Quite a few years ago I made a shelf system for the spare bedroom closet that took up approximately 1/3rd of the total closet width, with the rest having a typical closet rod for clothes. Those shelves were supposed to hold items such as spare silverware and linens, but my books slowly crept in, like locusts, until they took up half of the shelf space. Originally the closet had two, cheap sliding doors, which I removed not long after we moved into the house. Because the geniuses who framed our house framed the closet openings to finish size without taking into account the trim boards, it is impossible to find off-the-shelf closet doors that will fit into the opening. For one of the other bedroom closets I actually purchased closet doors and trimmed them to fit, which literally took days, partly because my skill as a trim carpenter is average at best, and partly because trimming 2 inches around from bifold doors involves re-routing hinges, and re-setting dowels etc. which is a lot more difficult than it sounds. Regardless, the closet in the spare bedroom has two curtains which when closed look like a bookshelf; I really like the look. So as strange is this may seem, I based my little bookshelf off of the print on the curtains.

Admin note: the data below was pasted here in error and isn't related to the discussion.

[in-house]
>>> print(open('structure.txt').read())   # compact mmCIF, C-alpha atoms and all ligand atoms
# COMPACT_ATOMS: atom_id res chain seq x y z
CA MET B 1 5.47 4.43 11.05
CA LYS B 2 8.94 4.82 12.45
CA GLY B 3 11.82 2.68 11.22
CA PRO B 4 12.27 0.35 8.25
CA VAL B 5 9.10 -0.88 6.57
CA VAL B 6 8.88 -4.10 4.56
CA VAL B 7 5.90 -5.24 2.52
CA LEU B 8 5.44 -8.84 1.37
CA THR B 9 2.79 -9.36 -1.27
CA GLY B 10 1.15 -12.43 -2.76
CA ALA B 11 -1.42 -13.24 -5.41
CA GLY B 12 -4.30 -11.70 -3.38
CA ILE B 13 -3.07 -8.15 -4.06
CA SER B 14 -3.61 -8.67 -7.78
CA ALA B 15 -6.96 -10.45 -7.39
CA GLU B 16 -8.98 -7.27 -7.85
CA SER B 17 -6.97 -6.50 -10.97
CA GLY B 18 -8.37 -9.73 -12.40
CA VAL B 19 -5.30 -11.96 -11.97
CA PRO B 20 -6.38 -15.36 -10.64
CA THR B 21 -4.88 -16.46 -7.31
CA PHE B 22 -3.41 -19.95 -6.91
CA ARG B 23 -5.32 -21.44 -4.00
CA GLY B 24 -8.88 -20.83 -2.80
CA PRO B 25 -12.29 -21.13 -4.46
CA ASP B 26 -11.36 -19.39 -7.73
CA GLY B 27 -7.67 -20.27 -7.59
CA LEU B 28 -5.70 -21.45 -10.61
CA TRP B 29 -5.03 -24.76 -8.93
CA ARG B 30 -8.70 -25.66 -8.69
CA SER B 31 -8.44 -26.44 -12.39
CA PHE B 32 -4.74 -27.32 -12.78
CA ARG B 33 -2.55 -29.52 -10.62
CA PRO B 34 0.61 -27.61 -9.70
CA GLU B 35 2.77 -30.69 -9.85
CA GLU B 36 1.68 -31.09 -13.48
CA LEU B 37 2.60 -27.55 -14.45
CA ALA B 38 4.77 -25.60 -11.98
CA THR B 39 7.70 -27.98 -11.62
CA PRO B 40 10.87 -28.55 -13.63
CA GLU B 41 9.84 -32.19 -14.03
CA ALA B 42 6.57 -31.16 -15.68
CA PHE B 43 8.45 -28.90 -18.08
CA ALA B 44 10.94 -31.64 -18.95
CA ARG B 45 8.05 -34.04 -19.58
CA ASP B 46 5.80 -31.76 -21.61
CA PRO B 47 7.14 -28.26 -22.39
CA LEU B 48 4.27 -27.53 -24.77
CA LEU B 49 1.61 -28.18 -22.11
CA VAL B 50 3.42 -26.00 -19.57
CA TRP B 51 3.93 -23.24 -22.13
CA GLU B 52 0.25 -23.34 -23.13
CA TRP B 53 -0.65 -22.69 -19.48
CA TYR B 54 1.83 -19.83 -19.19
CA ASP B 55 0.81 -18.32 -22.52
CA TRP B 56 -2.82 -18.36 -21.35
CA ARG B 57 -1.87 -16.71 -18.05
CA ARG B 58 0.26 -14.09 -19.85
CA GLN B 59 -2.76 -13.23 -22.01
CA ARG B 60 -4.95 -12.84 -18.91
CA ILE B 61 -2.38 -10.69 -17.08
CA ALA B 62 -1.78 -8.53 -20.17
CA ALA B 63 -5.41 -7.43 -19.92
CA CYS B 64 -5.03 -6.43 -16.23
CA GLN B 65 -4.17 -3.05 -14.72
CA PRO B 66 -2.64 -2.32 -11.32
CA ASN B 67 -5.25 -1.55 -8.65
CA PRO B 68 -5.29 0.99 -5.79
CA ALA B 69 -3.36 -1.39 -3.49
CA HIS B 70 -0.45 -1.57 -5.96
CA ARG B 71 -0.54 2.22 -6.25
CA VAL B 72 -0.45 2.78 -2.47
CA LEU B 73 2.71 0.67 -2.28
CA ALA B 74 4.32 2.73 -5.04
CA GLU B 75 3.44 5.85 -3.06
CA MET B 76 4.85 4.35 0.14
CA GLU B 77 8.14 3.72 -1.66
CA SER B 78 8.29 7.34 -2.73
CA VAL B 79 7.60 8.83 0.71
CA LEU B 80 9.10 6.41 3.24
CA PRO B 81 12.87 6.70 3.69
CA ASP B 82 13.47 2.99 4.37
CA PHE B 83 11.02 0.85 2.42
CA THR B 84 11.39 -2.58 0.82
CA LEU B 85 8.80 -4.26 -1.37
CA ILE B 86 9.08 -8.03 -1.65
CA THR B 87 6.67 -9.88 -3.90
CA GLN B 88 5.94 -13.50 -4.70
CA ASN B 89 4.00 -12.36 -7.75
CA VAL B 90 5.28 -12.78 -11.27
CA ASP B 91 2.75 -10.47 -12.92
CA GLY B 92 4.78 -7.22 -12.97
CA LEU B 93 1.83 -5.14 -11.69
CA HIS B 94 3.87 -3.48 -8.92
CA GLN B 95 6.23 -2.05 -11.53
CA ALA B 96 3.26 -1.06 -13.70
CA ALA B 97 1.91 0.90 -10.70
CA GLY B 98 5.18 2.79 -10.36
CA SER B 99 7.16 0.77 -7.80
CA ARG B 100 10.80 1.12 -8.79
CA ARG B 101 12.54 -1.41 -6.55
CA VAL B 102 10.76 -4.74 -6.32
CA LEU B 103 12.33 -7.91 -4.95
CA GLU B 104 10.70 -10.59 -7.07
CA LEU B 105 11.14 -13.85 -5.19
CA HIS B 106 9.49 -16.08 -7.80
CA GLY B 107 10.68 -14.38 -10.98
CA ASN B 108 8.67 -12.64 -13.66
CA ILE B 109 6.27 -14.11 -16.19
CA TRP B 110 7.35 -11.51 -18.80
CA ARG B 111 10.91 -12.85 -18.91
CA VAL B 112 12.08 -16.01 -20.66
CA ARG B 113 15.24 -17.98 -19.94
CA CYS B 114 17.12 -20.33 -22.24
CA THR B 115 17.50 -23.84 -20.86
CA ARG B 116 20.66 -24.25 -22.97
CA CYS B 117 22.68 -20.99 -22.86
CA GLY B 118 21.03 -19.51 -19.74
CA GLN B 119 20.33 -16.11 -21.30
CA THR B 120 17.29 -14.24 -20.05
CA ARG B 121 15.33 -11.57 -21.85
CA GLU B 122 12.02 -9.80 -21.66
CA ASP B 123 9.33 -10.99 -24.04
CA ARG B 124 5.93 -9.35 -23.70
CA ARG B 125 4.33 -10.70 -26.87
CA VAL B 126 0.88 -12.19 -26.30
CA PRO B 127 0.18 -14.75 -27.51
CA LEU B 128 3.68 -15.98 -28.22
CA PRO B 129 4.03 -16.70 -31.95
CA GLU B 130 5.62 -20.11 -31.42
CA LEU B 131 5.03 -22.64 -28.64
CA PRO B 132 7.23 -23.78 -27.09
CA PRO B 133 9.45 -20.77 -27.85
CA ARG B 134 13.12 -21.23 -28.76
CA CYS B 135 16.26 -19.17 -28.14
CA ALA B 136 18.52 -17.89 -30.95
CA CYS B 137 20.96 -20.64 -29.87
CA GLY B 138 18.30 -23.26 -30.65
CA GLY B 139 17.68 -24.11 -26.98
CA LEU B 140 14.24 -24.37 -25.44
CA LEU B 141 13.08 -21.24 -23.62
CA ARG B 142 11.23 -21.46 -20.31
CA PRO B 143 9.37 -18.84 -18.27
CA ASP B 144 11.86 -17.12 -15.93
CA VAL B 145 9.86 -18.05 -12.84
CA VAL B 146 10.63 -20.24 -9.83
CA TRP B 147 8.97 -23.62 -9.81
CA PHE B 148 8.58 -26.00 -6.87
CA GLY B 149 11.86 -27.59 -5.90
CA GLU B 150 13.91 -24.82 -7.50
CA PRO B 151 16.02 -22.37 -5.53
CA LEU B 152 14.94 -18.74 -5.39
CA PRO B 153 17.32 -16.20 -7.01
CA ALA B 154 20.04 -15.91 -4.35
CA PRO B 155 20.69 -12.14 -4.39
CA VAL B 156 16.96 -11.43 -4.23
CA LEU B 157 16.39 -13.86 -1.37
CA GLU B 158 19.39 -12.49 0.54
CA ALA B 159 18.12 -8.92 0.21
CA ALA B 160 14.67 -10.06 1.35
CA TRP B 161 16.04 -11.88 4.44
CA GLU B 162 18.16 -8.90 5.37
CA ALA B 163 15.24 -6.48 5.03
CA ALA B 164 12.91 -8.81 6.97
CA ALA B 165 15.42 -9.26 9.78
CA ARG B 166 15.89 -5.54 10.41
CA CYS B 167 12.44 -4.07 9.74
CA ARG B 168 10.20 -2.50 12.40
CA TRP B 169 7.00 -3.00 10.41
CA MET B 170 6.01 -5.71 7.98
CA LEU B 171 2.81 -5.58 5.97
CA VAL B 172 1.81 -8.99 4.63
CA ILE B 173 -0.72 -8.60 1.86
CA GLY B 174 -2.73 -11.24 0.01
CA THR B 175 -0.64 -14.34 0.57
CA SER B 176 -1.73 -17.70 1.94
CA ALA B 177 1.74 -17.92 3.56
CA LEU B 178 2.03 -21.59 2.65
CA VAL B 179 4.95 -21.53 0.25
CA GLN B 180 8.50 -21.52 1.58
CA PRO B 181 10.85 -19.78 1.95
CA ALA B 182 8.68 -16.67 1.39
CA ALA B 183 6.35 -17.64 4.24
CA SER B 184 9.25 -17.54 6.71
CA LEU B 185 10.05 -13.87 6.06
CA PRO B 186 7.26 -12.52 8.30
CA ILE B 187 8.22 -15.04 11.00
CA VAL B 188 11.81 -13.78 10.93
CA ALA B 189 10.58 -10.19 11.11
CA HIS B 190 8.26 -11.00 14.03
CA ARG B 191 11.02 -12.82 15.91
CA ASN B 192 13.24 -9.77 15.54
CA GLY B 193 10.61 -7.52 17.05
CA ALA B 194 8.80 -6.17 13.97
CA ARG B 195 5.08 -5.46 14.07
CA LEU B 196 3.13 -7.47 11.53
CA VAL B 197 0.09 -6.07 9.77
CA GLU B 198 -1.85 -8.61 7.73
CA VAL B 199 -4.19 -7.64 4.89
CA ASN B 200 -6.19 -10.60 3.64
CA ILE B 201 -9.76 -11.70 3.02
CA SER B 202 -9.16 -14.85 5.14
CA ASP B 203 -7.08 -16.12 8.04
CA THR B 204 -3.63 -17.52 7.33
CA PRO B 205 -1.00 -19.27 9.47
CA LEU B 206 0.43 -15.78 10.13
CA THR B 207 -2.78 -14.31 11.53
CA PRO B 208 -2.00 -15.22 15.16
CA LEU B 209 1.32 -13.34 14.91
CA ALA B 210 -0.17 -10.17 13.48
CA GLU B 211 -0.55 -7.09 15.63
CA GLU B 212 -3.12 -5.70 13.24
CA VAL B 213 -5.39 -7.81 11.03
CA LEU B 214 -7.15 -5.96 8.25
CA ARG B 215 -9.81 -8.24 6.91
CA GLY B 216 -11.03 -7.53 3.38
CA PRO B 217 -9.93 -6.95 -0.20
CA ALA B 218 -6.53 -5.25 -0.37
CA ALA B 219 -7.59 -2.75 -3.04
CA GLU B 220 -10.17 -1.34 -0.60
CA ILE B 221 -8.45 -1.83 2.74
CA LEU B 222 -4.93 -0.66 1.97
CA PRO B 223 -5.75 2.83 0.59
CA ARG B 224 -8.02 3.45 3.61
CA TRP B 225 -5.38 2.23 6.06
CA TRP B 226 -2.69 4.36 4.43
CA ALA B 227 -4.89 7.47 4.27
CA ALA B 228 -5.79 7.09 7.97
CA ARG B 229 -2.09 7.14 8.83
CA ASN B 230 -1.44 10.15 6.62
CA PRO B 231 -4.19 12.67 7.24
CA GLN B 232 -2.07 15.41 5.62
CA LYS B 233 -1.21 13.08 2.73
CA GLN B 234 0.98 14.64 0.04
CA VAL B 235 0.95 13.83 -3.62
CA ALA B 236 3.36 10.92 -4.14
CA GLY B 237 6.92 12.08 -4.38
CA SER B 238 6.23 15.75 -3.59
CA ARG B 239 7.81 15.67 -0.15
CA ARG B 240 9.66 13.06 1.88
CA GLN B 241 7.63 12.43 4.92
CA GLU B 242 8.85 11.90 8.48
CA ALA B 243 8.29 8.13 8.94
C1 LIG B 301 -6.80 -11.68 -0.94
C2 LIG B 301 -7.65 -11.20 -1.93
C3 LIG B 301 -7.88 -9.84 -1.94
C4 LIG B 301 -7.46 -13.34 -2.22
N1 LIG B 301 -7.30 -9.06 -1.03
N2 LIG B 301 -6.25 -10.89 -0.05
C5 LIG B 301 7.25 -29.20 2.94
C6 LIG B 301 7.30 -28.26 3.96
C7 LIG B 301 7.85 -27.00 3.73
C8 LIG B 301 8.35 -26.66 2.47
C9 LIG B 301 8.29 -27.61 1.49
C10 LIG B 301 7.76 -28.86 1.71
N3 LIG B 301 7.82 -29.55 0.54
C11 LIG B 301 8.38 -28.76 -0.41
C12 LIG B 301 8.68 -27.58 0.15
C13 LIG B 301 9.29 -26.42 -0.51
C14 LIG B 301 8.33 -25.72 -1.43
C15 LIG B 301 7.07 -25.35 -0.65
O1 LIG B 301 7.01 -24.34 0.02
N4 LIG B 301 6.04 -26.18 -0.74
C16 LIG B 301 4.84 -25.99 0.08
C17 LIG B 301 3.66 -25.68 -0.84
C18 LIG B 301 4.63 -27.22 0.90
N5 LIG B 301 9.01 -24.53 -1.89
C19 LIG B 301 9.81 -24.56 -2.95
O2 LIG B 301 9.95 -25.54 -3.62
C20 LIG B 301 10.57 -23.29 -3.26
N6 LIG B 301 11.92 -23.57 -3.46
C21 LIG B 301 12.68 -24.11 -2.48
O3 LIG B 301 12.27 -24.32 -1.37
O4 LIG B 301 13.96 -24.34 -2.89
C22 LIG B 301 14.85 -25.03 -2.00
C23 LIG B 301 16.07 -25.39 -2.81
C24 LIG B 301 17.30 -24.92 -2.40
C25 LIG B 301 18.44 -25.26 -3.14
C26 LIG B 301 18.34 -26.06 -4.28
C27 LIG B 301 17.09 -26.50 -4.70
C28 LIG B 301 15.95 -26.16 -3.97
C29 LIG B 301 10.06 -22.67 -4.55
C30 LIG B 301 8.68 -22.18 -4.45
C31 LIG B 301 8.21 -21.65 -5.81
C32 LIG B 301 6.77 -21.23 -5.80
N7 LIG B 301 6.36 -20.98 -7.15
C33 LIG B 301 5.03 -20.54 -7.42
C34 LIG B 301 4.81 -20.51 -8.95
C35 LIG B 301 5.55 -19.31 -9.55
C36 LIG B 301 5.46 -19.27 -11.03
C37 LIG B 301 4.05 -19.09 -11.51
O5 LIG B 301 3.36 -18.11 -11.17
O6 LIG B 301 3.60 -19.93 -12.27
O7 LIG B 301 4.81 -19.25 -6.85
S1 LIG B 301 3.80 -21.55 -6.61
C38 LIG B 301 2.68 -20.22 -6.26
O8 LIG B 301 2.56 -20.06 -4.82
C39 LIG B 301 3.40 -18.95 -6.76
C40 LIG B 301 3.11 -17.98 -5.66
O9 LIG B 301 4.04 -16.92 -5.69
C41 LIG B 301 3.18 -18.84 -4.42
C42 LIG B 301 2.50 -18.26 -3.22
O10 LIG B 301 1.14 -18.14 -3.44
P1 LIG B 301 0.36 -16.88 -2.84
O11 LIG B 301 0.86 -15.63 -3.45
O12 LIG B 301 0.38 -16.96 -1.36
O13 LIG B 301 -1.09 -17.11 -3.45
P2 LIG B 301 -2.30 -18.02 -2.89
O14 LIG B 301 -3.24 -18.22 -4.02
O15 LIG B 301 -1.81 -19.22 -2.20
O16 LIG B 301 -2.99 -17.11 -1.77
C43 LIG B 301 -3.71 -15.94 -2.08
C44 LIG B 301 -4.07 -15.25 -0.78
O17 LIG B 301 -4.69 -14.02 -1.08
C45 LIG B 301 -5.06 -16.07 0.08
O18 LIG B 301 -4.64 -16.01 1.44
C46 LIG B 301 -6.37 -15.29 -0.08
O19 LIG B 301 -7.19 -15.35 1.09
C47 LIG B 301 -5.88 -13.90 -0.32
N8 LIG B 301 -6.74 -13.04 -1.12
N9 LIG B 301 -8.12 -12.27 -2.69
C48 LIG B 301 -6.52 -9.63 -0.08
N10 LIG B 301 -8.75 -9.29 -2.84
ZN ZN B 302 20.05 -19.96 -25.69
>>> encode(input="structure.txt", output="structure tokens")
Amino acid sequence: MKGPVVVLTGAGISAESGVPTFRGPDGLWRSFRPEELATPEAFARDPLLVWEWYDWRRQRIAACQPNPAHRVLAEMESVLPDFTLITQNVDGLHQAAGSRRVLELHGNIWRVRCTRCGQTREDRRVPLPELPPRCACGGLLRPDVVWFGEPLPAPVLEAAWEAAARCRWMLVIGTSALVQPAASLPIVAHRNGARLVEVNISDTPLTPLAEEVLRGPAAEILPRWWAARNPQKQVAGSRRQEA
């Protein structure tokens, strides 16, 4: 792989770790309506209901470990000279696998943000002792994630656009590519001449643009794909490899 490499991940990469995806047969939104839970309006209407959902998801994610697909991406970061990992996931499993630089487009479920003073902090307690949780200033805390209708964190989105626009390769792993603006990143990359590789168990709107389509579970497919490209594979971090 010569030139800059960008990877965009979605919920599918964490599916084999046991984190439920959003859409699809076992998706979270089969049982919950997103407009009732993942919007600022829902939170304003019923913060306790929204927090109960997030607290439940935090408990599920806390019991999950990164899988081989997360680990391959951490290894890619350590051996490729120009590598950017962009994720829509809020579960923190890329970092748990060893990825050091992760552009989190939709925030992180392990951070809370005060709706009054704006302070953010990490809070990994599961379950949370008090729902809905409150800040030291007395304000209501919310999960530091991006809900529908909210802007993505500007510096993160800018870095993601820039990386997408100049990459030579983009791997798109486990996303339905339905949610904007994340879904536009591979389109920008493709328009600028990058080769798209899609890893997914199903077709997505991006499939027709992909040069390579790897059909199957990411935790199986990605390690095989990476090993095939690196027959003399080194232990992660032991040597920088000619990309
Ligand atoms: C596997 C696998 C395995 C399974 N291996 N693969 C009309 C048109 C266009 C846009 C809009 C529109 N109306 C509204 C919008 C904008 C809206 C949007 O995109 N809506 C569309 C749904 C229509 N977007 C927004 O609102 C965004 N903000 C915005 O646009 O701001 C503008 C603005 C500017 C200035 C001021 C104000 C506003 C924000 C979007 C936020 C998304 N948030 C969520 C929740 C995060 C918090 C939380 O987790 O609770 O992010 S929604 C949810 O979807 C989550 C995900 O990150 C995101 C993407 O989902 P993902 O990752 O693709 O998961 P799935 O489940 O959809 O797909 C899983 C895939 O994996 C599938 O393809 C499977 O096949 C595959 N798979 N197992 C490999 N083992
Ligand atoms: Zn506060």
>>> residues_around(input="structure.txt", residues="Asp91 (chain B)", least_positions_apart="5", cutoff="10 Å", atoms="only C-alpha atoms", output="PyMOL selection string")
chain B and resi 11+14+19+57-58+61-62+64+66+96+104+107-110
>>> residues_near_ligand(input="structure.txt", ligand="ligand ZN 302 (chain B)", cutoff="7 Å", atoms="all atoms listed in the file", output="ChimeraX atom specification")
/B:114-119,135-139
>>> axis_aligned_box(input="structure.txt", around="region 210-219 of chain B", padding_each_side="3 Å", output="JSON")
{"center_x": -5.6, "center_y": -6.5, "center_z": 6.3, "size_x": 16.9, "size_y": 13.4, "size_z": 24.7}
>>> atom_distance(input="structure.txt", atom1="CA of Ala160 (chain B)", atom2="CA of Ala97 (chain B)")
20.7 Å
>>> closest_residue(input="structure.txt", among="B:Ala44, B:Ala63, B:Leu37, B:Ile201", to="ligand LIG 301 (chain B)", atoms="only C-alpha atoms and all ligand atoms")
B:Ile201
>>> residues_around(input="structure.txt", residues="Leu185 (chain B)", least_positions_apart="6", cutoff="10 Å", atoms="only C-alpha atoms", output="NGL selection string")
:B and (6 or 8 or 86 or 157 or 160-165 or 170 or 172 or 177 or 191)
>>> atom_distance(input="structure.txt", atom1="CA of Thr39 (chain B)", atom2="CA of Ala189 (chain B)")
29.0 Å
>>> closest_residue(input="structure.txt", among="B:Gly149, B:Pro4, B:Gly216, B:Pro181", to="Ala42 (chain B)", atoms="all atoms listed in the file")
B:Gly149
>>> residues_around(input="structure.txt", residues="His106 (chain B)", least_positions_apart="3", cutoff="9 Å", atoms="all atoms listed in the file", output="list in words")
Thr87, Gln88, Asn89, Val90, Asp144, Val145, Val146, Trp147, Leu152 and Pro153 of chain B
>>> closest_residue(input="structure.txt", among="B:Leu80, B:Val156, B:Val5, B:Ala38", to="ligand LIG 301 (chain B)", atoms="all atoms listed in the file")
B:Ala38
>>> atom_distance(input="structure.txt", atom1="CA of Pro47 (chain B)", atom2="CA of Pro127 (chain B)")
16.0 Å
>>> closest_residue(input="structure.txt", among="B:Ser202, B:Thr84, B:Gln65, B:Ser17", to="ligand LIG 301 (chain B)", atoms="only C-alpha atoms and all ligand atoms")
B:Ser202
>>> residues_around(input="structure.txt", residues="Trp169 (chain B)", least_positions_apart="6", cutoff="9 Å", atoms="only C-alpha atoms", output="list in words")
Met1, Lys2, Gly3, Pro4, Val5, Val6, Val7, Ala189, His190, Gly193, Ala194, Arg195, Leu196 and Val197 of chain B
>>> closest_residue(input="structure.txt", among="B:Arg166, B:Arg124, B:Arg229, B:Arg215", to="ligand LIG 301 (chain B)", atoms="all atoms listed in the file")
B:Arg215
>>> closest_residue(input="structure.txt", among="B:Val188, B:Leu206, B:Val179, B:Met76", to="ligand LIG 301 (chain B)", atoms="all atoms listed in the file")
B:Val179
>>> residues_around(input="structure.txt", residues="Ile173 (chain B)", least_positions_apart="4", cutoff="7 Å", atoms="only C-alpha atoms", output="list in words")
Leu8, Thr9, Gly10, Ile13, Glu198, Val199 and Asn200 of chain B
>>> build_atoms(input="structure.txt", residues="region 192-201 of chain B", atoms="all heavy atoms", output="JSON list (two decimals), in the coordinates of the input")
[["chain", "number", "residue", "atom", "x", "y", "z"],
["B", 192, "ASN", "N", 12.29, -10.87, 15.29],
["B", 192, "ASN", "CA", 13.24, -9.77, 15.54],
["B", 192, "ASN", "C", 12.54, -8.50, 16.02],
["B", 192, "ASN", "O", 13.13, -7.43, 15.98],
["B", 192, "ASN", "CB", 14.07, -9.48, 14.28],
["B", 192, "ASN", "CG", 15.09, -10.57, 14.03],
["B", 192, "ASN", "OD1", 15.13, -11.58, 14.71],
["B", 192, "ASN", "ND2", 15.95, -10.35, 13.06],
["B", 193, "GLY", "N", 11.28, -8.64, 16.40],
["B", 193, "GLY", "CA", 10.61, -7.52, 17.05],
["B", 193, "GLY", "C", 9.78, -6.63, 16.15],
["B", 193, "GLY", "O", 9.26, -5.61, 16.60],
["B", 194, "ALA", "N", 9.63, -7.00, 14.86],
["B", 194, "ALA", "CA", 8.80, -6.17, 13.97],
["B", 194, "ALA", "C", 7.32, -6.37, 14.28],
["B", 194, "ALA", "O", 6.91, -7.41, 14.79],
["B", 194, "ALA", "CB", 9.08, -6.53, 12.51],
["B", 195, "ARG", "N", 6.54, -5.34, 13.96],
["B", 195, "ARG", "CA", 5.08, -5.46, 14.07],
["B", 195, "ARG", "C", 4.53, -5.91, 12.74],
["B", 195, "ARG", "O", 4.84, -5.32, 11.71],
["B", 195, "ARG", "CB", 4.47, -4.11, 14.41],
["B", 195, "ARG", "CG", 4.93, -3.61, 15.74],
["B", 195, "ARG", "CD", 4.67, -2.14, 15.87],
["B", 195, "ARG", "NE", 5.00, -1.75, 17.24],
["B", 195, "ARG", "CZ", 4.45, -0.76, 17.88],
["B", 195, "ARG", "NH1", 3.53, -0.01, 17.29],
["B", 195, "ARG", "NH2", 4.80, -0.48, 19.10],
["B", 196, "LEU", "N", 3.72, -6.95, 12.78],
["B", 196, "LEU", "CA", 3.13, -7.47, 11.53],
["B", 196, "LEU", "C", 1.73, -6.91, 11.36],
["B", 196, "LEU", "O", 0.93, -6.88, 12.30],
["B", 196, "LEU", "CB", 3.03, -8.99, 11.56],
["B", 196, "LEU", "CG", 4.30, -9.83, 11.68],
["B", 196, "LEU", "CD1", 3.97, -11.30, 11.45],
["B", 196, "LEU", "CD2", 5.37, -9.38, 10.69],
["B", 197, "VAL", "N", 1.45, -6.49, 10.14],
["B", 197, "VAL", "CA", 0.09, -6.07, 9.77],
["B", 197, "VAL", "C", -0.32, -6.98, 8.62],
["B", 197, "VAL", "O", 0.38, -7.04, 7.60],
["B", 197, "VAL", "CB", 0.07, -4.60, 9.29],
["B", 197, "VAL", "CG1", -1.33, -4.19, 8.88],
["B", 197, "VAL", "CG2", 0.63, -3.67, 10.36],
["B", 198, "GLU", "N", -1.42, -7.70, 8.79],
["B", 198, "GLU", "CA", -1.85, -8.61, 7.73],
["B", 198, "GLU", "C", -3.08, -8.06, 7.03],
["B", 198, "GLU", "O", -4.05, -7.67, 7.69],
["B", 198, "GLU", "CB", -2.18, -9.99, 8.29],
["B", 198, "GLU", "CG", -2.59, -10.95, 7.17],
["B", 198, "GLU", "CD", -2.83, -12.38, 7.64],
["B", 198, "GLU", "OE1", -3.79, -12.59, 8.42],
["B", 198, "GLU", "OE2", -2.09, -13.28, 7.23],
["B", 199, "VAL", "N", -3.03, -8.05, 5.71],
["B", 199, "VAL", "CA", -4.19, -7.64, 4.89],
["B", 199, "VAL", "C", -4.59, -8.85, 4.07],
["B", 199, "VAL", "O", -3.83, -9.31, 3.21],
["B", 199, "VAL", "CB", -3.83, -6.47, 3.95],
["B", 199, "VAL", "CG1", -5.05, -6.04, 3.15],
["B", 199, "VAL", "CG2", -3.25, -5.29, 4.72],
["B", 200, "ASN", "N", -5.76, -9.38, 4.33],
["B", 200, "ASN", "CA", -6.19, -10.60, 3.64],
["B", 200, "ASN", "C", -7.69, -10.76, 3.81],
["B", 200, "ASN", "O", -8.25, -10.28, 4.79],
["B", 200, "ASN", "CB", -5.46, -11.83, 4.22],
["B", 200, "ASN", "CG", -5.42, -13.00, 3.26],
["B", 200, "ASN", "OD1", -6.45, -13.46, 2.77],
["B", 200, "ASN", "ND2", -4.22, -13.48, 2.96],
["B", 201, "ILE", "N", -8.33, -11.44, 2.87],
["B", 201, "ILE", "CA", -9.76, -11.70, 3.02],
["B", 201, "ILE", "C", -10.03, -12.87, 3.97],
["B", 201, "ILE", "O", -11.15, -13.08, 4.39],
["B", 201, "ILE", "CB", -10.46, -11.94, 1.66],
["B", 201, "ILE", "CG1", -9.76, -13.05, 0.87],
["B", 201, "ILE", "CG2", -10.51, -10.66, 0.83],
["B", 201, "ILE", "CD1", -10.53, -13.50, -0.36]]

The bookshelf print on the curtains isn’t really overly unique, but the shelves have a shallow groove routed into the front that I decided to mimic. I wanted the bookshelf to be 34 inches tall and 15 inches wide so that it would be the same height as the top of my campaign desk and fit next to it snugly. Most importantly, I wanted this to be a quick project, something I could build and finish in a few days time. Now, for the sake of full disclosure I will freely admit that I initially attempted to buy a bookshelf that would fit in the space I had set aside, but I couldn’t find one that I liked, or at least I couldn’t find one that I liked and that would fit into the area where I needed it to fit. So a few days before Independence Day I picked up (2) 1 x 12 x 72in pine boards from the home center along with a 4×4 sheet of 1/4 inch plywood along with a small container of Minwax walnut stain. Total cost, including tax, was around $90.00. The Monday after Independence Day was a work holiday for me, so that was when the bulk of the construction was completed.